Taking optimization from strategy to execution
I spoke at SES NY (now called ClickZ Live NY) about a year ago. Here's a post I wrote which summed up the talk:
I’m often asked how did we get ramped up to doing 3–5 tests a week. I have to admit, I’m impressed that we’ve gotten this far, but we still have room to grow.
In short, it comes down to 3 things to get you there:
- Aligning your optimization strategies with your business goals
- Establishing the right framework and processes
I’ll break it down.
Align your optimization strategies with your business goals
It may seem obvious, but there’s often the impulse to just start testing everything everywhere. You’re enthusiastic and want to show ROI immediately, but you need a strategy. What are your company’s goals? Most often there are revenue goals you’re looking to meet and there are business strategies you need to tap into to help get you there. Is there messaging you can experiment with to support the business strategies? Creative expression? Layout? Functionality? Answering these questions can help guide you.
Establish the right framework and processes
It’s no question that if your company isn’t doing testing yet, it’s going to take a little time to shift the mindset; it’s a culture change. Depending on how open teams are to change and taking your business to the next level, will determine how quickly you can implement a program. You’ll need:
- Operating model alignment: You’ll have to get buy in across your organization. It might mean asking other teams to support your efforts or ask permission to take on some other tasks like designing pages.
- Process design: It’s going to depend on your organization how you want to work. I’ll elaborate more in the following paragraph.
- Change impact and readiness: How does adding testing affect other teams?
- Organizational design: Do you keep it all in one group or do you share responsibilities with other teams?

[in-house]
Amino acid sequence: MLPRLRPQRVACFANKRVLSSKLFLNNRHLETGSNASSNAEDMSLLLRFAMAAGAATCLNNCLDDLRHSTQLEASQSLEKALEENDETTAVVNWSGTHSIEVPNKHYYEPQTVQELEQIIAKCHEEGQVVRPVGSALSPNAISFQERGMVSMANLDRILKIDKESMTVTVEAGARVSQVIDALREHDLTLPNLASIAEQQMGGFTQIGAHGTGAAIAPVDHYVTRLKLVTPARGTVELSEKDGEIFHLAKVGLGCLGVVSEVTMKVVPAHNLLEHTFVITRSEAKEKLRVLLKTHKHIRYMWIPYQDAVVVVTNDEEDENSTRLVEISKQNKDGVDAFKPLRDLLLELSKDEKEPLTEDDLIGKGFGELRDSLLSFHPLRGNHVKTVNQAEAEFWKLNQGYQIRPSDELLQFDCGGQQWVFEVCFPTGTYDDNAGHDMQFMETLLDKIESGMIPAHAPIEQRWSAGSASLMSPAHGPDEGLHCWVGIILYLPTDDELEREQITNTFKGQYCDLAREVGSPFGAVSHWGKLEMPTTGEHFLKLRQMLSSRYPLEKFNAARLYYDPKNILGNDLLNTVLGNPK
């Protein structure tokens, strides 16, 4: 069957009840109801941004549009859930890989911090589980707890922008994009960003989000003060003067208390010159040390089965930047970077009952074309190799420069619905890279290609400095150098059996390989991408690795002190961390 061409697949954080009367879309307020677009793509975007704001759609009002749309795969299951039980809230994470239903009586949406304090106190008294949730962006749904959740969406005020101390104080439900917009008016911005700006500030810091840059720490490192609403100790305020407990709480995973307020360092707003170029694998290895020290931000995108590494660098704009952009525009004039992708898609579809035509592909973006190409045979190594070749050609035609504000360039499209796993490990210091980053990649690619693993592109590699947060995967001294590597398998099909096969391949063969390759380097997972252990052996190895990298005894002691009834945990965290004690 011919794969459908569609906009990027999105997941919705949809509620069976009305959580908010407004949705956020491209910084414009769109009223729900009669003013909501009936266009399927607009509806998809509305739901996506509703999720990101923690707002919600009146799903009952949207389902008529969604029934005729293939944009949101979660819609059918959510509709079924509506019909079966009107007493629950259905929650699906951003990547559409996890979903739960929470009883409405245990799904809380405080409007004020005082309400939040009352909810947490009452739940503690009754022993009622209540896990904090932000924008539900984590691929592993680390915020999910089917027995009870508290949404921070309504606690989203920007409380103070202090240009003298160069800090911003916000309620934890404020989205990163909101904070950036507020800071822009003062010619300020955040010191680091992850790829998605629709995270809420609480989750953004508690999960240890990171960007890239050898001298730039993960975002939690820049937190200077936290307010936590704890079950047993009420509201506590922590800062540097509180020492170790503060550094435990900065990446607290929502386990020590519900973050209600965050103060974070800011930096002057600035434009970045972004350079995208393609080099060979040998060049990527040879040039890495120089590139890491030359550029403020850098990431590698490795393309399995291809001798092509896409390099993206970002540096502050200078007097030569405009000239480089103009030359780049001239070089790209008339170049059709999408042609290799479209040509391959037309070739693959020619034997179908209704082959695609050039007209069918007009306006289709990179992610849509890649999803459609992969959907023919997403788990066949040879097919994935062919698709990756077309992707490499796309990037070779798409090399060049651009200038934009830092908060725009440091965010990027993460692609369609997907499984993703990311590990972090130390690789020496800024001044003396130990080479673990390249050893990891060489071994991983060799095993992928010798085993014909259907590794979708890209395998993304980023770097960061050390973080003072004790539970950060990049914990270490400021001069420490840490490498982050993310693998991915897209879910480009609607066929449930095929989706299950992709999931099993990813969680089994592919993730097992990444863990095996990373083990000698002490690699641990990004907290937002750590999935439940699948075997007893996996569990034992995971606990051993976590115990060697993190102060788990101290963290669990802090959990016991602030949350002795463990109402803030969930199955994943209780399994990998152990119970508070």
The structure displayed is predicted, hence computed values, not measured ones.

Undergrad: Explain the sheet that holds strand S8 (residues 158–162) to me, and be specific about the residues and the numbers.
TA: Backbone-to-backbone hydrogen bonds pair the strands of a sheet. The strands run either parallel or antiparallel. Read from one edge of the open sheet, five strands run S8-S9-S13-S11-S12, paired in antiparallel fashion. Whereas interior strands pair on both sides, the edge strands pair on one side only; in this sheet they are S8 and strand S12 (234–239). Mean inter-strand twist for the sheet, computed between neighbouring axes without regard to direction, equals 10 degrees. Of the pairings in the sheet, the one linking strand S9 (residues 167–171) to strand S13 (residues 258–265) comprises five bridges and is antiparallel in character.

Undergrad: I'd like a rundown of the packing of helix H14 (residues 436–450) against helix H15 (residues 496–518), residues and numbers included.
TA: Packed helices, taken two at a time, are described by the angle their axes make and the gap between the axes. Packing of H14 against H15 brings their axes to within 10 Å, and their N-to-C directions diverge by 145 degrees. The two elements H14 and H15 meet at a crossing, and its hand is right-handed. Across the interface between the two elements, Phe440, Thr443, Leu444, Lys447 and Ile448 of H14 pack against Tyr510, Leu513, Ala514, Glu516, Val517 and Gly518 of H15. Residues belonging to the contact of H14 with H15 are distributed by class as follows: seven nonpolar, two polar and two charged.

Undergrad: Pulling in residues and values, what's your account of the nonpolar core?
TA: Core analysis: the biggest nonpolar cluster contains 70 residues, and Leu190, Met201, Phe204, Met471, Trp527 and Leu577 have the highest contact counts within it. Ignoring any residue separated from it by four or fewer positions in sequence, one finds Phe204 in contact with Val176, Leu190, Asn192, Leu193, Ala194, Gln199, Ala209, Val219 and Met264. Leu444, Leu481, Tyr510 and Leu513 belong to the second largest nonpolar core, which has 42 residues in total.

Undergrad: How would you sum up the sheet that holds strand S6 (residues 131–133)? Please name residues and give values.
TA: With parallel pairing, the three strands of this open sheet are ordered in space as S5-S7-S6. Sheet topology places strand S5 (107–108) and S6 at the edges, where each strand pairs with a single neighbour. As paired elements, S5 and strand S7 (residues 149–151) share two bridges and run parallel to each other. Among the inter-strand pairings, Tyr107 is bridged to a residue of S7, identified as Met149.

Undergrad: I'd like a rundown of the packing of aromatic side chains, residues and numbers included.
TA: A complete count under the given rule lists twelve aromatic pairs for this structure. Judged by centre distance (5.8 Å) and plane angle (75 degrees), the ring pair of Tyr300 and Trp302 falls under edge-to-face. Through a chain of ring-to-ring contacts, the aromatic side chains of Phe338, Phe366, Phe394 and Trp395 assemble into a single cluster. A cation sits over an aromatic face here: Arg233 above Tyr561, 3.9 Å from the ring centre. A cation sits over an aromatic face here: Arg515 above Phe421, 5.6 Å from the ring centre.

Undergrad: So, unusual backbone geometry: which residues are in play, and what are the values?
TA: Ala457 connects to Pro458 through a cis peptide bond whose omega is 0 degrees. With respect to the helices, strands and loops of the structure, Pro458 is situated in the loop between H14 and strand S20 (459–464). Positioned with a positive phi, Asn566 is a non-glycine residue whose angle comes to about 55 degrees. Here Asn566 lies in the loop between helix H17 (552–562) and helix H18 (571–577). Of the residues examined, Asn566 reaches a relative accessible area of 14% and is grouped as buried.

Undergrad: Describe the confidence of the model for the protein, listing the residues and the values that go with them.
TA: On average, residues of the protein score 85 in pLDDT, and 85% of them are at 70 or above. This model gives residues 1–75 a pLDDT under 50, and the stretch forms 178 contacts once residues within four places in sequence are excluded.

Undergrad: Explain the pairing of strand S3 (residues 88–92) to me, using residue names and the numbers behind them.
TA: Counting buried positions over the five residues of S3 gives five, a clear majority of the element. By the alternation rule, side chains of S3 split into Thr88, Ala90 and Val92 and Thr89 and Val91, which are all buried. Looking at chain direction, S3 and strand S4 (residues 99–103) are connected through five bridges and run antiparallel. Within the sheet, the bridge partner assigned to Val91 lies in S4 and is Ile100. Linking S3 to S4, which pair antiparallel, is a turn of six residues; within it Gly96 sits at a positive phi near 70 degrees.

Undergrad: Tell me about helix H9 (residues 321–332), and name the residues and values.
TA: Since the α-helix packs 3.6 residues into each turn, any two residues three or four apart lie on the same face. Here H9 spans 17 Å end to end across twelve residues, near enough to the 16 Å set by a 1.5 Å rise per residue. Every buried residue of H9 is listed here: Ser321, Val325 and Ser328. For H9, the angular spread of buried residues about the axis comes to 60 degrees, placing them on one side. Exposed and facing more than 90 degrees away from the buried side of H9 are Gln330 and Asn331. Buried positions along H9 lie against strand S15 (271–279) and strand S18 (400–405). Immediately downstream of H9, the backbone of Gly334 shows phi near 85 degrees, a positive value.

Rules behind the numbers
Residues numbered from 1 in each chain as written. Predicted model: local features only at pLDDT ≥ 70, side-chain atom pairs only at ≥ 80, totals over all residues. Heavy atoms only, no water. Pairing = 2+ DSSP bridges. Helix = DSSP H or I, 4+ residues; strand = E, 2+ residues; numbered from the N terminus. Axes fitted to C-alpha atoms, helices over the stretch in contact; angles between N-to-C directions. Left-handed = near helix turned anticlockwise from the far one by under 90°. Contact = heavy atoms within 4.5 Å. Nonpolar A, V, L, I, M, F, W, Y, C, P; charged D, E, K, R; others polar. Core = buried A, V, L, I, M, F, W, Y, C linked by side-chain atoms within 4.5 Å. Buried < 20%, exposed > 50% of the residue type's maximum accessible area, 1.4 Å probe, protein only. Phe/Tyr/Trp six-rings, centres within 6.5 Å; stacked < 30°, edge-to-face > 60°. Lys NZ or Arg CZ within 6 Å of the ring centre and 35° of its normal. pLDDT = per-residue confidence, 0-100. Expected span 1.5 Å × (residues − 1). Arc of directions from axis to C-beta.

- End user training: Does the team have the skills they need?
If you’re doing it all yourself, you don’t have to work about processes as much. However, if you’re working across divisions or departments it’s best to have roles, responsibilities, and processes established and agreed upon. You’ll need to secure:
- Web strategist
- Optimization manager
- Campaign enablement
- Analytics support
- Web production
- Project management
- Web development (for more sophisticated testing)
- Demand and media generation (to drive traffic to your site)
- Creative development
- User experience expertise
- Platform architecture
Execute your tests
Now you have your strategies, a slew of test ideas which support your strategies and business goals, you have your team in place, now you have to execute. How do you know what to test first? The first rule of thumb is analyze which pages on your site yield the highest conversion, have the highest volume of traffic, or demonstrate the biggest area of opportunity. We’ve set up scoring models to help us with prioritization. As the team grows, you have to manage lots of tests getting ready to launch. Potentially all at the same time.
Our scoring model is simple. What type of test is it: Content, layout, functionality, or creative? What’s the level of effort: Low, medium, or high? What is the potential revenue lift: Low, medium, or high? The test type score is based on previous quarter’s successes. Have an analyst help you with that. The level of effort is judged by the person doing the enablement of the test which might include development. And the potential revenue impact is also evaluated by an analyst.
The optimization manager should develop their strategy and then come up with individual tests to support those strategies. Then methodically develop test charters or plans which outline the goals of the test, justification, what page(s) the test should be run on. It’s good to have a hypothesis, but be cautious on including that in your test charter because it might sway you to want certain results.
Set up your test using a solution like Adobe Target, run it 3–5 weeks (depending on traffic and conversion rates), and evaluate the success through the reports in the tool or if you want to dig deeper, use something like Adobe Analtyics. Use what you learn to feed your next test idea and keep iterating.
Watch your conversions increase
The more comfortable you get with testing, the quicker you can iterate on tests and reap the rewards of increased conversions. Happy testing!
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